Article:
The program currently conducts habitat projects in five watersheds (Figure 1
). Since the inception of the program, 243 projects have been completed (Figure 2
), and over 100,000 native trees and shrubs have been planted (Figure 3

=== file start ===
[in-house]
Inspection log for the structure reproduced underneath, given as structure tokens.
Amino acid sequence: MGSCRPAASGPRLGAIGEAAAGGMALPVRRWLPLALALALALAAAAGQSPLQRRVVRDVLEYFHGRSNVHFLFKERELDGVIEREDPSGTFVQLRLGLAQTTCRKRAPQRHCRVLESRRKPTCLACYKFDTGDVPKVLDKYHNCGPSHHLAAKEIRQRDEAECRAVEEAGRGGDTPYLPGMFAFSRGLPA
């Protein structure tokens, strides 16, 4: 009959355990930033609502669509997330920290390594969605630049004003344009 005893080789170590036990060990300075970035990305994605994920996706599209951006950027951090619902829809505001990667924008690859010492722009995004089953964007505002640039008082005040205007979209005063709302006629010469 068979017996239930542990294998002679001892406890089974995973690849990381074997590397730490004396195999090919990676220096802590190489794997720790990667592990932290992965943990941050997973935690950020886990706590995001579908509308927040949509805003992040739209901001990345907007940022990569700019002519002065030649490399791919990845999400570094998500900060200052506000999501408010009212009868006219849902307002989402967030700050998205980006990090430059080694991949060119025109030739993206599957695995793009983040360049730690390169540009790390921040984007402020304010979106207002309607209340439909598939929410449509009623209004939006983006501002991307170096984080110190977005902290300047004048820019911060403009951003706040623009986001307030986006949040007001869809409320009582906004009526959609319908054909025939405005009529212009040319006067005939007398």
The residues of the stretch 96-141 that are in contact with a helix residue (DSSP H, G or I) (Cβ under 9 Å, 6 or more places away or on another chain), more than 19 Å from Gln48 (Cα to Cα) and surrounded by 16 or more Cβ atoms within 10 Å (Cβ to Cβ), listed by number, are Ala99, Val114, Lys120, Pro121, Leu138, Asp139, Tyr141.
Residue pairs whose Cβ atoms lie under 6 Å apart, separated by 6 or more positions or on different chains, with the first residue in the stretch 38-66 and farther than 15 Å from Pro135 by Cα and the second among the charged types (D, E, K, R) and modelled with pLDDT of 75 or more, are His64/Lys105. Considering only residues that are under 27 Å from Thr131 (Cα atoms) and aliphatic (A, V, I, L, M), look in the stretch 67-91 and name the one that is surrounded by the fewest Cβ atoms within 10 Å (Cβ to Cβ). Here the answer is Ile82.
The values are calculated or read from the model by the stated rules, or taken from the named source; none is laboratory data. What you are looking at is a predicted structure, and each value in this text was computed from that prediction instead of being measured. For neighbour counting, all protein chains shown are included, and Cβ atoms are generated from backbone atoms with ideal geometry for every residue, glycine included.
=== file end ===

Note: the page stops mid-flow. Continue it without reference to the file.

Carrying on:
). Projects have consisted of a wide cross-section of types, including refuge cleanup, bank stabilization, barrier mitigation and removal, thermal pollution mitigation, in-stream habitat placement, and tree and shrub planting. These projects all cumulatively increase valuable coldwater fisheries habitat, supporting various life stages and processes (e.g. spawning, juvenile migration) for Atlantic Salmon, but also for a suite of other intolerant aquatic species that require clean, cold water, and good physical habitat. Additionally, all projects support overall biodiversity at each site, enhancing habitat for both aquatic and terrestrial species. For all tree and shrub planting, these also serve to mitigate climate change and enhance carbon sequestration. Many projects involve the support of volunteers, and 8,337 volunteers have supported habitat projects since 2006, with upwards of 950 volunteers in the most active years. All habitat projects over the last five years have been guided by the LOASRP Phase III Habitat Plan, which prioritizes habitat projects within each targeted watershed. The next phase of the habitat plan is currently in preparation to support planning and implementation over the next five years of the program.